All of the following recommendations should not be taken unless supervised by a qualified health care provider.

  • Oral iron supplements for those with frequent bleeding.
  • Folic acid: Many people who have ulcerative colitis have low levels of folic acid in their blood.
  • Omega-3 fatty acids found in fish oil: DO NOT take high doses of fish oil if you take blood-thinning medication.
  • Probiotics: Consult your doctor to be sure probiotics are appropriate for your case.
  • Vitamin D: is necessary to maintain strong bones. People with ulcerative colitis, especially those who take corticosteroids, often have low levels of vitamin D and are at risk for osteoporosis.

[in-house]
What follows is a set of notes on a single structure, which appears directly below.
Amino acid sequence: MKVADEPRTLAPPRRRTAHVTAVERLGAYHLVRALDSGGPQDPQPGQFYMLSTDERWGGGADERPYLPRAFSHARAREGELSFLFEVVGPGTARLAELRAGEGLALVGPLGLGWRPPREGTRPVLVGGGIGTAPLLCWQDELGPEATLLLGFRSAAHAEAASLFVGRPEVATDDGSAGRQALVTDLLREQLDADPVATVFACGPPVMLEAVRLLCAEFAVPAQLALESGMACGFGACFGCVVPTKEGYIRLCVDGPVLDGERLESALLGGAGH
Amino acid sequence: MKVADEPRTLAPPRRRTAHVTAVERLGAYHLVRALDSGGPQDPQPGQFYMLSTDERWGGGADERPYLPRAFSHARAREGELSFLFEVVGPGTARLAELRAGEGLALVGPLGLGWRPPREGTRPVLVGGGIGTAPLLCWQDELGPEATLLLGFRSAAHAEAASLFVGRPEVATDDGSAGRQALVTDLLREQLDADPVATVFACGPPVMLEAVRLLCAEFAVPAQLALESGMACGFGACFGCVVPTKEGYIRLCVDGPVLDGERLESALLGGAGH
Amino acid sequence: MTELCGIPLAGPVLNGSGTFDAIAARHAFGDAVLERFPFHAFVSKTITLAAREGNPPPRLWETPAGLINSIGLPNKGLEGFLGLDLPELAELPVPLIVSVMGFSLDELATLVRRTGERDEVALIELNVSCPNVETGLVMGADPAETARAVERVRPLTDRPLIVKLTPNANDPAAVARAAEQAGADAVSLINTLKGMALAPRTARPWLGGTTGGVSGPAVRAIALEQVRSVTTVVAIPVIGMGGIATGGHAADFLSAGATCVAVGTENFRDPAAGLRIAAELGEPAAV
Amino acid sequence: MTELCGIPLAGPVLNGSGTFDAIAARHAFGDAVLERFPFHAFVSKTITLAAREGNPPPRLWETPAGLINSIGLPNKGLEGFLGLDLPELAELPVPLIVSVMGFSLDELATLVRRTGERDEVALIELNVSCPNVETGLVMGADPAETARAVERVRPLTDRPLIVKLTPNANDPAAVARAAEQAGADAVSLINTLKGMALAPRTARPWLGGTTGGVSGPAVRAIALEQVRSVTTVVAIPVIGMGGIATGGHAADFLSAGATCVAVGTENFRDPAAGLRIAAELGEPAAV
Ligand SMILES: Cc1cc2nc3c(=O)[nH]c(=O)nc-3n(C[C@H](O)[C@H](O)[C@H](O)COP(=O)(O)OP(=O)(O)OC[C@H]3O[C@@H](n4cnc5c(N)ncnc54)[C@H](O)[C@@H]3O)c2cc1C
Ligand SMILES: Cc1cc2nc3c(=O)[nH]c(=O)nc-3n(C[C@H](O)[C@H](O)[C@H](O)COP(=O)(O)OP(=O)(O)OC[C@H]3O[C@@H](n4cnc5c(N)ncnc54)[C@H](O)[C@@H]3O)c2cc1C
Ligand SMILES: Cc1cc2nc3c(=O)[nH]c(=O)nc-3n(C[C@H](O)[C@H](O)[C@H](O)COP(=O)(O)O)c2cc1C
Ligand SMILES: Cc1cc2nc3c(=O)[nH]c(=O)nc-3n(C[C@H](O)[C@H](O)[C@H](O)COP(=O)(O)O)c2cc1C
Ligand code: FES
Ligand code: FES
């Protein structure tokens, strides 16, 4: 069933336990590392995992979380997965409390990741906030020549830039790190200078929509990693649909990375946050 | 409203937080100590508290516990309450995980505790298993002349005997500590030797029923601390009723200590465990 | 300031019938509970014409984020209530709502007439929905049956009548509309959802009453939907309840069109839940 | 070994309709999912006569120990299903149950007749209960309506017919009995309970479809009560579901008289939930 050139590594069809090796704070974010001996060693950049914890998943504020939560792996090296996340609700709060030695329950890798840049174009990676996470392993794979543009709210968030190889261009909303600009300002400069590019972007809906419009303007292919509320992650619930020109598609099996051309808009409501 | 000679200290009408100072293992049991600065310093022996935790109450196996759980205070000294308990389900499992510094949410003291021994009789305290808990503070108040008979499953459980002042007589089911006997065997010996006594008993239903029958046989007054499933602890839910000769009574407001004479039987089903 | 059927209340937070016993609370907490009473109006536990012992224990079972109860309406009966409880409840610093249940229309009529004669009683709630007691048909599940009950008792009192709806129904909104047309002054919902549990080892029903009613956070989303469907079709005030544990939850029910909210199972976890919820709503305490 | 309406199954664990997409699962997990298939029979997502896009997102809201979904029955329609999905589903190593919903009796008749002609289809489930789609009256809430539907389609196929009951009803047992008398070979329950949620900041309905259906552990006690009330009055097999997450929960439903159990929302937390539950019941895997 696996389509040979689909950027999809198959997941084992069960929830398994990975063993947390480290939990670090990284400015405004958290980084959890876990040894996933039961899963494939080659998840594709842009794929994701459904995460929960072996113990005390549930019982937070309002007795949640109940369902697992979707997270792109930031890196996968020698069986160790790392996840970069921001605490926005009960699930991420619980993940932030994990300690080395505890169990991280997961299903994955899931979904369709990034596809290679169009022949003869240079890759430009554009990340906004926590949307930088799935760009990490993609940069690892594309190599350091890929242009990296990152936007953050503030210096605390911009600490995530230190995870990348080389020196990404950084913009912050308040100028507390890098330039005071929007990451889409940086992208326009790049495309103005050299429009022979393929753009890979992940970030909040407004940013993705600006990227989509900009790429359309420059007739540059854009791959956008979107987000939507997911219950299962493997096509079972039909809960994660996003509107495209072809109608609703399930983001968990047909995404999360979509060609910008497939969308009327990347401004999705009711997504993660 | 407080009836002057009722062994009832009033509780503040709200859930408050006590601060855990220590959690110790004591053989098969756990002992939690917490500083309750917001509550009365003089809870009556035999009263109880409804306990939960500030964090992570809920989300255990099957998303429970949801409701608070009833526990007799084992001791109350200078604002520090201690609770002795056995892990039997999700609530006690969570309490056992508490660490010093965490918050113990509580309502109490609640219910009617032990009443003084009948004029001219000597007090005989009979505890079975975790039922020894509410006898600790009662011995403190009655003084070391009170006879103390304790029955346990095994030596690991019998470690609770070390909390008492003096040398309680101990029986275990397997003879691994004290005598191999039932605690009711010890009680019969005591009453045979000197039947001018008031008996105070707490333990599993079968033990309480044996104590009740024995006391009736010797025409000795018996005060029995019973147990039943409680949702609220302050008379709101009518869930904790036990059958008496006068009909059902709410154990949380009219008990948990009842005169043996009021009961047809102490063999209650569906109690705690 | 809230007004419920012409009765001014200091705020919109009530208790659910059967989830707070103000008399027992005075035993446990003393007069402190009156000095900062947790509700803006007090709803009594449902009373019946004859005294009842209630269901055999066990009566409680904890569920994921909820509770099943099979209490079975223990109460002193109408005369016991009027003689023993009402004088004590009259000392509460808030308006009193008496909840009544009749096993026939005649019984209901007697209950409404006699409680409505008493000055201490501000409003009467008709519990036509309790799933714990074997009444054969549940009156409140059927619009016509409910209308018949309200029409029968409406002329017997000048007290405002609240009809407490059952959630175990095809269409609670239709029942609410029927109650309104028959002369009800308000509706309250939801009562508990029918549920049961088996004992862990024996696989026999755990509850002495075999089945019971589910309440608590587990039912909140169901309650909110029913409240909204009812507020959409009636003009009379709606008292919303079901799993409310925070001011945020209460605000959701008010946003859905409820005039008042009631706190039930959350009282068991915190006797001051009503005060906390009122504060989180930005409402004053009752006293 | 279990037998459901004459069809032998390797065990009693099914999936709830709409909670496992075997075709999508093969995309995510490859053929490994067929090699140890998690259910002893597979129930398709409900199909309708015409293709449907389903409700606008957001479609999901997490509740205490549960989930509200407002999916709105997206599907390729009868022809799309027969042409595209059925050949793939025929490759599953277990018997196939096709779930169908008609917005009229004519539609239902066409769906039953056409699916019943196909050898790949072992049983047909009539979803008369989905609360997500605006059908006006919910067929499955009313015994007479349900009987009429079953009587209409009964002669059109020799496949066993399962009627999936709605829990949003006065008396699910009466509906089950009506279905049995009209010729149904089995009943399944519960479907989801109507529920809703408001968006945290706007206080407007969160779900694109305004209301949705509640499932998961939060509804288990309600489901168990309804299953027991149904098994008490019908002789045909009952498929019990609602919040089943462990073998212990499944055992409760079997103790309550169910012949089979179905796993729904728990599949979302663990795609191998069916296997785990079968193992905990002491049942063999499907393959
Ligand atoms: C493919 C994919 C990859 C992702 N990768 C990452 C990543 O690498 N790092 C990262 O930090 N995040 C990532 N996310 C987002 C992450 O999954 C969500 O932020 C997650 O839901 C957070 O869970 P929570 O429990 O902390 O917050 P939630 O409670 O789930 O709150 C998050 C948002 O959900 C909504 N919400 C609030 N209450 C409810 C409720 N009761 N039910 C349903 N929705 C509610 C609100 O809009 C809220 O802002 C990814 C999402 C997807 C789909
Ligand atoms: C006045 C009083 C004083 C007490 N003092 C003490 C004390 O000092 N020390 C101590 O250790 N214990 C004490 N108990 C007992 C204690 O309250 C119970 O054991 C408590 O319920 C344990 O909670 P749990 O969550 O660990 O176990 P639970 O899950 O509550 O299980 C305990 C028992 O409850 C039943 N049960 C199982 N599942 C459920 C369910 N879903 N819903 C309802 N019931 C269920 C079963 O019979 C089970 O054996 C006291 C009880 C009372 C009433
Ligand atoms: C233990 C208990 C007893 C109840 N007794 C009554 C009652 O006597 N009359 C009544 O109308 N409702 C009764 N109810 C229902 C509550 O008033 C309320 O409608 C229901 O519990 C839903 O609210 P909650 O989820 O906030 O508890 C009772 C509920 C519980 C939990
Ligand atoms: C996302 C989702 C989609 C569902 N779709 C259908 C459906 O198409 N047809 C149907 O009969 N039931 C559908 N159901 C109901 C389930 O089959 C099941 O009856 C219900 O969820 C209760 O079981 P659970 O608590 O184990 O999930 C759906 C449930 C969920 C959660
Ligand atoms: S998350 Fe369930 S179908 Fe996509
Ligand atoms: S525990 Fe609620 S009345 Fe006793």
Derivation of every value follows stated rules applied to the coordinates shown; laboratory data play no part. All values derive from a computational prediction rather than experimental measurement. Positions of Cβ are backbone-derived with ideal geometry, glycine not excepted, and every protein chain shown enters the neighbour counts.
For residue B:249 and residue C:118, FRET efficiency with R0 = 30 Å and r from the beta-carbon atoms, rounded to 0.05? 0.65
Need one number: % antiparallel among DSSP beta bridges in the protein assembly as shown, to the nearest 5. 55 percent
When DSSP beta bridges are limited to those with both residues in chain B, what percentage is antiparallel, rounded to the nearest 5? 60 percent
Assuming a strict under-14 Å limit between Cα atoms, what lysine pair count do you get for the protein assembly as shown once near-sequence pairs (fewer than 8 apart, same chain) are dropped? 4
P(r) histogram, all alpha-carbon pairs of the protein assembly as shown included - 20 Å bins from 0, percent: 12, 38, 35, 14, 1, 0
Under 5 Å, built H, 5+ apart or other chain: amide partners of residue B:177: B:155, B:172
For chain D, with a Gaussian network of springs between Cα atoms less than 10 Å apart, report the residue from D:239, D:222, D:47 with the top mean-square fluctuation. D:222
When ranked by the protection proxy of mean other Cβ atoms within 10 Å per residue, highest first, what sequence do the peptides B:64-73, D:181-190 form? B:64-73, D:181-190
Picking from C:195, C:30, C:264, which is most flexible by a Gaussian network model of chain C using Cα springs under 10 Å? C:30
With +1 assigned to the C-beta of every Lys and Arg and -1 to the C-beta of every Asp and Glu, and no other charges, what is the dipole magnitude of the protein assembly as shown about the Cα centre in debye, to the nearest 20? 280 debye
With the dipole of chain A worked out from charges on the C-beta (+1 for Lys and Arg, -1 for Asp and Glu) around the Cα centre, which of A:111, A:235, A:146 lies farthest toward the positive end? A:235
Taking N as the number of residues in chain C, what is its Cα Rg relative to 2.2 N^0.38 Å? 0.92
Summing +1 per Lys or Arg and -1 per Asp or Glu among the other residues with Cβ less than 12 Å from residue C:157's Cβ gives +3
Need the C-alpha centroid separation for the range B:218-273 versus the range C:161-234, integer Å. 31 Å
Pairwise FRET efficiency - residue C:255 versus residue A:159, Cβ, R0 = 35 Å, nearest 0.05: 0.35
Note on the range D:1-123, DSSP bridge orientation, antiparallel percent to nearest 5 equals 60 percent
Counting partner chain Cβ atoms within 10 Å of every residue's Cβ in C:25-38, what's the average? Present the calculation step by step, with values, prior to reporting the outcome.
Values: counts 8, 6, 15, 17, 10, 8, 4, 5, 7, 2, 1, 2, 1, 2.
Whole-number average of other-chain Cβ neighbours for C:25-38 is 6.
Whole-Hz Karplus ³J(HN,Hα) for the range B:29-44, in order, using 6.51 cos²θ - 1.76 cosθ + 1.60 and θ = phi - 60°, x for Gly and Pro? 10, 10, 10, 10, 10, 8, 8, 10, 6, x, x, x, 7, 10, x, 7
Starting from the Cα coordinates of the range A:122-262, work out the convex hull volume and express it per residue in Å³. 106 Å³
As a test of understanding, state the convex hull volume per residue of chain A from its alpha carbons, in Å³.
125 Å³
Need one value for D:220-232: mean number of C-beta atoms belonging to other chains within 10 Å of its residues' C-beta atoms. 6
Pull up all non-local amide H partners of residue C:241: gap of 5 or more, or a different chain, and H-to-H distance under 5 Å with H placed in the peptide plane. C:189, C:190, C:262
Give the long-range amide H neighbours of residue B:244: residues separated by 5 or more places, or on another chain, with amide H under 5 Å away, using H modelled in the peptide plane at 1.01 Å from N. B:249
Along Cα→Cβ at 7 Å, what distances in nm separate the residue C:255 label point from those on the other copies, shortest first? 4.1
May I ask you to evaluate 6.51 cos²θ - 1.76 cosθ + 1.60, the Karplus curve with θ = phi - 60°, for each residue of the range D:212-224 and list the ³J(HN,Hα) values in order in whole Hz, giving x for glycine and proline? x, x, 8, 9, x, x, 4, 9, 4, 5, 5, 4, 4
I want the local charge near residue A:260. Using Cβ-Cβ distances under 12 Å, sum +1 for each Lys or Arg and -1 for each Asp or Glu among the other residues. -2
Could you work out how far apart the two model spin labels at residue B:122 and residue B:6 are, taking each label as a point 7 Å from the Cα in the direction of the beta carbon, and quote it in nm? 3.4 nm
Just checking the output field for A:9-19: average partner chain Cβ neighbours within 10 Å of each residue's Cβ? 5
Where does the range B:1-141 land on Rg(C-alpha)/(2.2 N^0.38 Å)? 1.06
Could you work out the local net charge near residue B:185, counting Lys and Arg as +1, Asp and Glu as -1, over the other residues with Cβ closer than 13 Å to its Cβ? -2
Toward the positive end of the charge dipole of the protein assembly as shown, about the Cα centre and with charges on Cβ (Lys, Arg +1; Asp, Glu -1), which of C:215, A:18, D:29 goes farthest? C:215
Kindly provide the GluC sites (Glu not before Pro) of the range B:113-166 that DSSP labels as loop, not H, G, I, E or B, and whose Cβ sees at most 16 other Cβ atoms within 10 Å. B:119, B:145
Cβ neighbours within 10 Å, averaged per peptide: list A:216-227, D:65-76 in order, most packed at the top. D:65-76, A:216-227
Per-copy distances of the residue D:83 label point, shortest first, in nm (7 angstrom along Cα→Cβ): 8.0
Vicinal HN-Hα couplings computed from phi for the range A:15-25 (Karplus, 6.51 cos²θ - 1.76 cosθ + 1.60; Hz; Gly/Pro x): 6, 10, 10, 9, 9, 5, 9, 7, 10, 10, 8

• Calcium: is also needed for strong bones. Ask your doctor if you need a calcium supplement.
  • N-acetyl glucosamine: Preliminary research suggests that N-acetyl glucosamine supplements or enemas may improve symptoms of inflammatory bowel disease.
  • Psyllium seeds: Psyllium is a type of insoluble fiber, and may be irritating to some people, especially during flares. Some people may have better results using soluble fiber, such as flax seed or oat bran, in combination with or instead of psyllium.
  • Boswellia: Boswellia has anti-inflammatory properties.
  • Curcumin or turmeric: This has anti-inflammatory properties. People with gallbladder disease or gastro esophageal reflux disease (GERD), hormone-related cancers, or people who are taking blood-thinning medications, should not take curcumin without first consulting with their doctors.